China’s Porn Crackdown is Not About Porn (April 22, 2014, Tea Leaf Nation)

Chinese authorities have put would-be free speech advocates on notice: Step away from the computer. As an April 14 article in Communist Party-run news portal Seeking Truth avers, from mid-April until November, government offices nationwide will be striking out at online media in a dedicated campaign called “sweep out porn, strike at rumors.” An April 16 headline on state news service Xinhua declares the move is in response to “calls from people in all walks of life.” But at its core, this is about going after rumors — party parlance for destabilizing falsehoods  – in the name of going after porn. In other words, it’s about ensuring that party organs, and not the Chinese grassroots, have the loudest voice on the country’s Internet.

Bladdergate — Conflicts Between Hong Kong and Mainland Intensify (April 22, 2013, Tea Leaf Nation)

Tensions between Hong Kong and the Chinese mainland have escalated again, this time ostensibly over a toddler’s diminutive bladder. On April 15, a scuffle broke out between young mainland parents, with their two-year-old boy in tow, and a local man who tried to take videos of the child urinating on the side of a street in Mong Kok, a dense shopping district. Amateur videos of the conflict that ensued first went viral on social media in Hong Kong, but now the news has exploded onto the mainland Chinese Internet, incurring a ferocious backlash against Hong Kong.

China’s one-child policy creates market for Cambodian brides (April 23, 2014, UCA News)

In the last six months multiple human traffickers have been arrested at Phnom Penh’s international airport while trying to send Cambodian women to China to become brides. Meanwhile, local rights groups say they’ve received a number of requests from poor rural families asking for help to get their daughters repatriated from China. Thirty-five years after China implemented its one-child policy—which prompted many couples to abort female fetuses so they could have sons instead—the country is facing a significantly skewed gender ratio. By 2020, China will be home to about 30 million single men—many of whom will need to seek wives elsewhere.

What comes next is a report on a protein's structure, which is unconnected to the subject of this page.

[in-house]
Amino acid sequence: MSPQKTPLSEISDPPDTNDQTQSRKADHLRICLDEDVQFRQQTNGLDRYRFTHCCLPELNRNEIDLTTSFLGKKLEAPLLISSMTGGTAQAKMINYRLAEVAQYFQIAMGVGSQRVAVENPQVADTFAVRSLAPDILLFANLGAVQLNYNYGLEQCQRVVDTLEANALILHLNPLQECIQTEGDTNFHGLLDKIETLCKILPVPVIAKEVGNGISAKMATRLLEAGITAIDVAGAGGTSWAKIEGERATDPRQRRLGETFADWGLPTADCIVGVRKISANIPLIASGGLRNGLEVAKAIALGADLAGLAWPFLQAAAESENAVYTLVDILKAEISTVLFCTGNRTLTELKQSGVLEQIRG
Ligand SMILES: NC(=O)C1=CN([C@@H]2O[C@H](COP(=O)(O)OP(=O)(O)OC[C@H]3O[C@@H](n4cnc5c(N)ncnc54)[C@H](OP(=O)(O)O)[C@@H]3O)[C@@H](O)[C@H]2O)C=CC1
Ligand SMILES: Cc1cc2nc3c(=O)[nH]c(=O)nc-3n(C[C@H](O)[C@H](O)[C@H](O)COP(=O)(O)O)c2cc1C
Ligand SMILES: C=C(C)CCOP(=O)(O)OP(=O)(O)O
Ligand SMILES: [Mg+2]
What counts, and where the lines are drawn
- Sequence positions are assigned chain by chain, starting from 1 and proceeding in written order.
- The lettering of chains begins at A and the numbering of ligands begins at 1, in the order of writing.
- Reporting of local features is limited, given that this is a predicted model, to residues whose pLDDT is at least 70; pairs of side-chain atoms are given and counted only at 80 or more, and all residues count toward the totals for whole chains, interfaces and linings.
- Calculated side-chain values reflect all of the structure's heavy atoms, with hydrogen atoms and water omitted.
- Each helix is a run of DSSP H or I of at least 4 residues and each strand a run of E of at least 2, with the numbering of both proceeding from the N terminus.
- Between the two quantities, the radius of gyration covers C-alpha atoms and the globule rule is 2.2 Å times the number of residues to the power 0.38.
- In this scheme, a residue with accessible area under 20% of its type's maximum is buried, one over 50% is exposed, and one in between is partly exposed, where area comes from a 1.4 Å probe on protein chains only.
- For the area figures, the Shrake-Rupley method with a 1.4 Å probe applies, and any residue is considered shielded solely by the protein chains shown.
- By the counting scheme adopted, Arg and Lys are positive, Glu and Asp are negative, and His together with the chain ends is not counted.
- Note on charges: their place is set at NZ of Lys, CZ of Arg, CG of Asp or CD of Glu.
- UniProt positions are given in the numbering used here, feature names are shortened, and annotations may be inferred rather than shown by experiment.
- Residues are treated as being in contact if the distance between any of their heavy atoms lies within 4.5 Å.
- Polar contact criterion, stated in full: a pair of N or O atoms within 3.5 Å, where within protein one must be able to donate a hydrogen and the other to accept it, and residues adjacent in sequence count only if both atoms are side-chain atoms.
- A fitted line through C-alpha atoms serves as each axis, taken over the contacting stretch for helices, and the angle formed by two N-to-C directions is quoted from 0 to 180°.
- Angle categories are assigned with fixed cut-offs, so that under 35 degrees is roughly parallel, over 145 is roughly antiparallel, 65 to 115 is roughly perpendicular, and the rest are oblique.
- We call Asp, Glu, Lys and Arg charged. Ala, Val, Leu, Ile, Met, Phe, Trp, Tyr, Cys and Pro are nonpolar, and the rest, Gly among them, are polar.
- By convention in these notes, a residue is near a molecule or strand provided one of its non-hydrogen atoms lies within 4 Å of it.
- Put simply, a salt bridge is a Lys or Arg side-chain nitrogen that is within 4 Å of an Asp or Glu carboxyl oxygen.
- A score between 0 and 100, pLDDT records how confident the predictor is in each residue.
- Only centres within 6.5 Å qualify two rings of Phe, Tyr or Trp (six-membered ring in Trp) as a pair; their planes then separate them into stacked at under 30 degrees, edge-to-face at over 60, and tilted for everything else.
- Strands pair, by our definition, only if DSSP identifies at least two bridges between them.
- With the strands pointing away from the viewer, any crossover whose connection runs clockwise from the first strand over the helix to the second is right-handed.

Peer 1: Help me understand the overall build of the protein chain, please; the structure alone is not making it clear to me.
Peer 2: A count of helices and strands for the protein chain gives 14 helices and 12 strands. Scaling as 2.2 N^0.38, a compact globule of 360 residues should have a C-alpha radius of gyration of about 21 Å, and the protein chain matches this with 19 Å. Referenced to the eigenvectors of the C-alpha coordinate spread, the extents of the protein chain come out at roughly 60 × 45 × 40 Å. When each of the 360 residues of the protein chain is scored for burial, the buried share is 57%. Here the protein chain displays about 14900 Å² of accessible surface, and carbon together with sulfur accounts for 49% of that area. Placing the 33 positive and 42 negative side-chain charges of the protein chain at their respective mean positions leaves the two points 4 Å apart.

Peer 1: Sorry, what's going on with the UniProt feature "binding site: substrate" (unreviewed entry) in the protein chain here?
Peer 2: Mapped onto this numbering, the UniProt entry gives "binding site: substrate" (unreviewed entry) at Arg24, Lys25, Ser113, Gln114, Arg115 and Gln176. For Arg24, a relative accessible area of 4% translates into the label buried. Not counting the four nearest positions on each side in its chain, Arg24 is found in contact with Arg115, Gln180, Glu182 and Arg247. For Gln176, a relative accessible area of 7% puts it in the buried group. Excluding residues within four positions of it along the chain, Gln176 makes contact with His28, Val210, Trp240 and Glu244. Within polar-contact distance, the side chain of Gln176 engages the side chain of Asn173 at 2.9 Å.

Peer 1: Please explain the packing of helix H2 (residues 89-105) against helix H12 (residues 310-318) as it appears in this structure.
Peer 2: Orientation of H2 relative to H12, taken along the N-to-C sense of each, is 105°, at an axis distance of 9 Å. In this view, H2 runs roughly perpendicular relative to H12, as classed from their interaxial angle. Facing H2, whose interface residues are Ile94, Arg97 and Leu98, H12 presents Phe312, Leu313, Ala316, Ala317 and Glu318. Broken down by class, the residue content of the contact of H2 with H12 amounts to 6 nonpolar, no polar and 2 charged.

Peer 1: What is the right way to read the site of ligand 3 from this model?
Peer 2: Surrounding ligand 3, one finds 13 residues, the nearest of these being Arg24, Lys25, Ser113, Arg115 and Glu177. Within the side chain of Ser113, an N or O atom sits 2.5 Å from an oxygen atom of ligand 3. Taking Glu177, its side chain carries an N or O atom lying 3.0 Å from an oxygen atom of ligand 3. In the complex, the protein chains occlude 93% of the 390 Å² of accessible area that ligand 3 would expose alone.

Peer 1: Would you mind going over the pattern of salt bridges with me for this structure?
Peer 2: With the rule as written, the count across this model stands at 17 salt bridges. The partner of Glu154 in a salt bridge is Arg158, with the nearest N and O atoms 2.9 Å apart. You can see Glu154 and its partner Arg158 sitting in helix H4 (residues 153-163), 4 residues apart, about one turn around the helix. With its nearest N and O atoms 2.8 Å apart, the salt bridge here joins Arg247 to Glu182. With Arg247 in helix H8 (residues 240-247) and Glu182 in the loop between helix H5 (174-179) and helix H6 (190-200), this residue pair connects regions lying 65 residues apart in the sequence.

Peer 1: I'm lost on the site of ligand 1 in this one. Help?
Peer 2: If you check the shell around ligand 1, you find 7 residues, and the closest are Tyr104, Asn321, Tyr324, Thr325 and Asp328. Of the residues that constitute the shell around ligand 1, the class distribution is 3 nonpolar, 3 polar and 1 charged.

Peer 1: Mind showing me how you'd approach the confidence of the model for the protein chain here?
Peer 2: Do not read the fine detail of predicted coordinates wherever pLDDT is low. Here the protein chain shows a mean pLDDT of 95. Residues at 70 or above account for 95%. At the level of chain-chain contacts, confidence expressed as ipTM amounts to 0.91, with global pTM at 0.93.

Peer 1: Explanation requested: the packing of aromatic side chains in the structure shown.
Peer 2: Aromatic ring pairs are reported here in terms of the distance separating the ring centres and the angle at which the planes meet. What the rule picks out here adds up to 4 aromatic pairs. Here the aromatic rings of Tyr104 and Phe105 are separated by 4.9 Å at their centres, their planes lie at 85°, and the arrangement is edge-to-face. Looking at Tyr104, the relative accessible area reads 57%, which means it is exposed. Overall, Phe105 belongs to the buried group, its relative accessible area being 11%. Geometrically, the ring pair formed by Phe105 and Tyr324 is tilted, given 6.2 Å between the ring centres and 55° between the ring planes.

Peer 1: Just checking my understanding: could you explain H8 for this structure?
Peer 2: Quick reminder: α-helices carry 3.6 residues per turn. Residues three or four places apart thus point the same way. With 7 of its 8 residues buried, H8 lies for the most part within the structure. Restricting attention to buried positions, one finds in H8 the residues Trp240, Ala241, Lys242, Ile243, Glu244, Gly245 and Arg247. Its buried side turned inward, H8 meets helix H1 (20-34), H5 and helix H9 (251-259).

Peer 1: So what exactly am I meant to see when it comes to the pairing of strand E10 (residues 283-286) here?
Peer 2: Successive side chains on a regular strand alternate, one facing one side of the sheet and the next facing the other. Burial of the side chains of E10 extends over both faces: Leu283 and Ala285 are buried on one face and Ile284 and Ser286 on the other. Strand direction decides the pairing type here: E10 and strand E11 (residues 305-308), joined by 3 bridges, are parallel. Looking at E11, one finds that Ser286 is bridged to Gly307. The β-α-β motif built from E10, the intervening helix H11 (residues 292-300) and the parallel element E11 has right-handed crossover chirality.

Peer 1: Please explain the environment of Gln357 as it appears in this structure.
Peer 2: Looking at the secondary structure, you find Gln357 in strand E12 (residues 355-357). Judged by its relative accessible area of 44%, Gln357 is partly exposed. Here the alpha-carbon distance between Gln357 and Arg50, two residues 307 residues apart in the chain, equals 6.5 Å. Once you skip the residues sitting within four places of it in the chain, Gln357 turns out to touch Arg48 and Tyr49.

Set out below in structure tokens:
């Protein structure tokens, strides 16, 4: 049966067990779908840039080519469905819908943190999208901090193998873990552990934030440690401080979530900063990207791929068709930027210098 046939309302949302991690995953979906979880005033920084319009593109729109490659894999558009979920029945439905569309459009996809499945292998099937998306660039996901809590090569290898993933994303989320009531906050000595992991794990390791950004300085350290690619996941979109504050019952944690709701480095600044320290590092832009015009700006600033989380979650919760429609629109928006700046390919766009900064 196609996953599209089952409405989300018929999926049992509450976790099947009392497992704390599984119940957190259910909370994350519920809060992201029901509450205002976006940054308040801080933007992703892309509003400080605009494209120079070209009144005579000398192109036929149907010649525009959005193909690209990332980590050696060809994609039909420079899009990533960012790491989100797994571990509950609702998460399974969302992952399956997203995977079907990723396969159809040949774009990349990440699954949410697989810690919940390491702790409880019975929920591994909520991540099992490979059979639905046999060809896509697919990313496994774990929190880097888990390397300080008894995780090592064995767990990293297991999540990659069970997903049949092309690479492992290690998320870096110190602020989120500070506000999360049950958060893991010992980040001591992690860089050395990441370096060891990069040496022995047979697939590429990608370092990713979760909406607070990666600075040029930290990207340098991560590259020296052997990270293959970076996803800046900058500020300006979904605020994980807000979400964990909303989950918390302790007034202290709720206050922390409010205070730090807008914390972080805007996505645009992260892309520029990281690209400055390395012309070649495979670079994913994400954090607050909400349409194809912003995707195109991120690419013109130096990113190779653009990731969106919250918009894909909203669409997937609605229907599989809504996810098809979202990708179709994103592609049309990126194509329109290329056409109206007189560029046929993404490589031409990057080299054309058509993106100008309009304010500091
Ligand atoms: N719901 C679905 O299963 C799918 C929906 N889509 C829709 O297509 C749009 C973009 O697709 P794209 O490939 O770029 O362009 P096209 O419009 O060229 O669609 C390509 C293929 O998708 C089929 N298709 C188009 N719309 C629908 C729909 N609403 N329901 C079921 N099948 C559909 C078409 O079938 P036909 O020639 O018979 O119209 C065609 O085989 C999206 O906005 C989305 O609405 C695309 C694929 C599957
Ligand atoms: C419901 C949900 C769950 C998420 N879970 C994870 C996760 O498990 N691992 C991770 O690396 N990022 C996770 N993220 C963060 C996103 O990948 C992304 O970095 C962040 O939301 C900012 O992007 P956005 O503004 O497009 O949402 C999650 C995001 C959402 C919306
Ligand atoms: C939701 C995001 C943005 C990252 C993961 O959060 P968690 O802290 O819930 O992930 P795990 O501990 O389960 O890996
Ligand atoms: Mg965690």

Beijing’s Subway Stops, Literally Translated (April 23, 2014, China Real Time)

Many of the stations, particularly those on Line 2, are named after the capital’s old city gates. Qianmen is, literally, the Front Gate, while Andingmen is the Stability Gate and Tiananmen, which marked the entrance to the Forbidden City and now makes up two stops on Line 1 (east and west), is the Heavenly Peace Gate.

The unknowns in China’s great urban change (April 24, 2014, China Real Time)

After more than a decade of mostly empty talk, China has finally announced a bold move to grant urban residential registration — known as hukou — status to 100 million people by 2020.

Beijing Tells Petitioners: Please Stay Home (April 24, 2014, China Real Time)

Since imperial times, China has permitted its citizens to file official complaints. But the State Bureau for Letters and Calls that governs the system is again warning petitioners to respect its protocol, or expect their petition to be ignored. In its newest body of regulations, the bureau said this week that anyone with a complaint should pursue it close to home and preferably in writing.

Yearning to breathe free (April 26, 2014, The Economist)

FOR years Lin Chen resisted his wife’s entreaties to move abroad. Then, when their daughter was born in 2012, he started thinking about her schooling. He realised he wanted a less stressful education than the one he and his wife endured in their climb to the middle classes, and he wanted to leave space for fun. “My wife and I suffered a lot,” he says. “I don’t want my daughter to suffer through all that.”


Reflections from the front line of Tiananmen protests, 25 years on (April 18, 2014, CNN)

It was 2 a.m. on Sunday April 18, 1989 when the phone rang, jolting me out of bed. I recognized the distinctive voice of the caller Jiang Liren, a student at Peking University, also known in Chinese as Beida. “Our group is marching out of Beida now,” he said excitedly. “We are going to Tiananmen Square. If you want to see this rally, you better come now.”